Base64 encoding is a format designed to prevent communication “mishaps” during the transfer of binary information. It achieves this through the conversion of binary data and a “lookup table” — data is eventually made in a stream of ASCII characters, which can then be transmitted and decoded. On base 64 encoded data, the resultant string is always larger than the original (i.e. this is not a compression algorithm). Another important distinction is that base 64 does not encrypt any information — it uses a “standard” table of characters to encode and decode information. In other words, any base-64 string can be decoded, as long as the string was encoded using a standard set of characters (which the decoder can also understand).
On top of being used for safely encoding image/media data (you may have seen images on the web encoded in the following format:
data:image/png;base64,(...)), it is used for SSL certificates, email transmissions, and virtually any transfer of information that requires special (control) characters to be escaped.
While many programming languages (e.g. Java, Python, JS) include built-in functions to facilitate the conversion of base64 encoded information and binary data, the algorithm used to perform the conversion is relatively simple. Starting with binary information, base 64 splits a binary string into 6-bit groups (note: each zero or one in a binary string is one bit) of three bytes. The result is an ASCII-readable string that can be safely transmitted and received.
For the sake of simplicity, we’ll use a short string to demonstrate the encoding process. Suppose we have “hi” as our string, the ASCII equivalent being: 104 (h), 105 (i).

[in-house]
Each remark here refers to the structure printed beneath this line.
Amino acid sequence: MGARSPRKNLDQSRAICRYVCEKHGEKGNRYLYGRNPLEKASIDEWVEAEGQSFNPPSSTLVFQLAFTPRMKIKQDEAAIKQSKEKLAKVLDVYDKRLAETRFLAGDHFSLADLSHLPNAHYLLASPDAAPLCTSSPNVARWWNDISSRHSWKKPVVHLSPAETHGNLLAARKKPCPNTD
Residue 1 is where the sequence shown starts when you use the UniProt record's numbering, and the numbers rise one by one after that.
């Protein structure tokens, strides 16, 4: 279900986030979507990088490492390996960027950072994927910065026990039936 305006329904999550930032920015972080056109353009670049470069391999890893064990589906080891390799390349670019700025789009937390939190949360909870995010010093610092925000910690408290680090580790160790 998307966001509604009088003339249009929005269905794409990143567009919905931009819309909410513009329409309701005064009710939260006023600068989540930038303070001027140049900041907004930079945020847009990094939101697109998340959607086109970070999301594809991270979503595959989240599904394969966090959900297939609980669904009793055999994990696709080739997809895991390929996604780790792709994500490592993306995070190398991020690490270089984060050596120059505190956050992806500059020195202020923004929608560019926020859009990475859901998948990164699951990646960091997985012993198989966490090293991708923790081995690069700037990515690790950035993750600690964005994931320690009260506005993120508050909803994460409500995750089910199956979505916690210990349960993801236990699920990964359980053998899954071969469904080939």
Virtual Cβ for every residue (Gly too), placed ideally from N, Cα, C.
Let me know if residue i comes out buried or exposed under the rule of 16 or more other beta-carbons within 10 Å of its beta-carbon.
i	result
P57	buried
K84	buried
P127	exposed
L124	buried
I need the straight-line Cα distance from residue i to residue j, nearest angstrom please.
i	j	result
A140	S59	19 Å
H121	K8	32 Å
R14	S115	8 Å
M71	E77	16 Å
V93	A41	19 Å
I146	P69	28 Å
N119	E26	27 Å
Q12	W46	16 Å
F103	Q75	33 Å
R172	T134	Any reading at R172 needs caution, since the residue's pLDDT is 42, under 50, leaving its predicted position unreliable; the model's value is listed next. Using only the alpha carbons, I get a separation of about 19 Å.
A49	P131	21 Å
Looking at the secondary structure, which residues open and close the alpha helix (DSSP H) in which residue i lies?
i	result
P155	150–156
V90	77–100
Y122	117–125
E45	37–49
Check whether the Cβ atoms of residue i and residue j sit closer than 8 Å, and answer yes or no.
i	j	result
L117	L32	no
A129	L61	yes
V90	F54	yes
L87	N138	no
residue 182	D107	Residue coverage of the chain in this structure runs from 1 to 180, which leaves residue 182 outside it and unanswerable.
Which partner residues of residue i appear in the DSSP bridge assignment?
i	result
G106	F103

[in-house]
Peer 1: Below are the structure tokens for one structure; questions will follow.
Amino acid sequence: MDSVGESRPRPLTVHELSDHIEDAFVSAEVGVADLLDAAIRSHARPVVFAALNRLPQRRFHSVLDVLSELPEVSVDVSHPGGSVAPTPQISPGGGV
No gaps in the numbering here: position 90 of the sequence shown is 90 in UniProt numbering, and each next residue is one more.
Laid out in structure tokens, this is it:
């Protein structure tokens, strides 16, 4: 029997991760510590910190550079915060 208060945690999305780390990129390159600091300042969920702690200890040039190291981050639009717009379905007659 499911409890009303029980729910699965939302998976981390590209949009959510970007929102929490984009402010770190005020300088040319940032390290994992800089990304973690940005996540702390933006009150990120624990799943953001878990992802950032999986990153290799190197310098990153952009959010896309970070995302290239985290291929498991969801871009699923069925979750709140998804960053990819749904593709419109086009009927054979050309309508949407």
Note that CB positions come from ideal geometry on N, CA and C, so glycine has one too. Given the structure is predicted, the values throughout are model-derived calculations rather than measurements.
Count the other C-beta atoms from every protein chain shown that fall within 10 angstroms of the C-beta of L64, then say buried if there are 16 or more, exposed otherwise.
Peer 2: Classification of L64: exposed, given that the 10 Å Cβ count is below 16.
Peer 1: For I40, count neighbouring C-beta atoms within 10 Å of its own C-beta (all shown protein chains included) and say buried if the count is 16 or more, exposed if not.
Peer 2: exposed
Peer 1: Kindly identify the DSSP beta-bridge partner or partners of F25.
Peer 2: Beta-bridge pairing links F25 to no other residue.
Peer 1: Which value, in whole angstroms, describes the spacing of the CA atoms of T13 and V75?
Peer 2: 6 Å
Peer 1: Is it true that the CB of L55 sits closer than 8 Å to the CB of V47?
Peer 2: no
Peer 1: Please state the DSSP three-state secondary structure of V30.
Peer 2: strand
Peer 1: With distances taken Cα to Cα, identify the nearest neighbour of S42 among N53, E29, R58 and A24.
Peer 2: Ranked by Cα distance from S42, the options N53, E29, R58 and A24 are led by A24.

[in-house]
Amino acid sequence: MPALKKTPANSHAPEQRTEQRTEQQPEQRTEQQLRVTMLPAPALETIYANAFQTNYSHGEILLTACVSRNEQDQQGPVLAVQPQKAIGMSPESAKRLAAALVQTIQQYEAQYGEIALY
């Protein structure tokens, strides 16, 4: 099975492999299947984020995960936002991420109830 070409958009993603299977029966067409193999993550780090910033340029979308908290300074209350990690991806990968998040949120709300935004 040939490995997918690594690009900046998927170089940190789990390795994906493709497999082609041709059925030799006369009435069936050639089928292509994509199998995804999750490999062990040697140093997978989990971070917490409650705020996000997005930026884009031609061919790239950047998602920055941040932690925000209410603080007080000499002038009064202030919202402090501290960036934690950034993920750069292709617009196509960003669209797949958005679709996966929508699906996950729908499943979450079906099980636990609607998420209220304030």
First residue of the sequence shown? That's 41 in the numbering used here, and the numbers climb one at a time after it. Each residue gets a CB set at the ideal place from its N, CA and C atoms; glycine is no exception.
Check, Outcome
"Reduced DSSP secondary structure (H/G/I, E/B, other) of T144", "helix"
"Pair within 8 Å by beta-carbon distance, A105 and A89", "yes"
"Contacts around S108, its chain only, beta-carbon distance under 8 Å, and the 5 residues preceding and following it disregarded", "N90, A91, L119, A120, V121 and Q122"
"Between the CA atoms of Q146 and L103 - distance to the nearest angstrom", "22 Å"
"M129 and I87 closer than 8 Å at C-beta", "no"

We need to convert the ASCII string to its binary representation:
01101000 01101001 (0110100001101001 without spaces)
Now, divide the binary representation into 6-bit groups:
011010 000110 100100
With the binary representation of our string, we can then make use of an ASCII lookup table above. We get the following ASCII characters for our string’s binary representation:
Before we can finish off the conversion process, it is important to notice the missing padding: base 64 strings must be groups of 3 characters (6 byte binary representations). As such, our string “hi” only has 2 characters; this means that we need to insert a “=” at the end of the string to make this a valid base 64 string.
The result is finally: “aGk=” (hi).
Decoding base64 strings follows a similar process, just in reverse. Using the result from the previous section (“aGk=”), we will use the same Base 64 lookup table:
This leaves us with three 6-bit binary groups:
011010 000110 100100
Converting this back to 8-bit groups, we get (the last two zeroes can be ignored):
… which results in “hi” in ASCII.
Whether you’re sending an email, or trying to encode binary streams (images, videos, etc.), base 64 can be seen in many applications. While the resulting strings are larger, using base 64 encoding is a reliable way to ensure that a transmission of binary information is never “misinterpreted.”
Any (specific) format used to transfer or save information. This is used in video, file types and more.
Base 64 is an encoding format that maps binary values to characters (forming a string).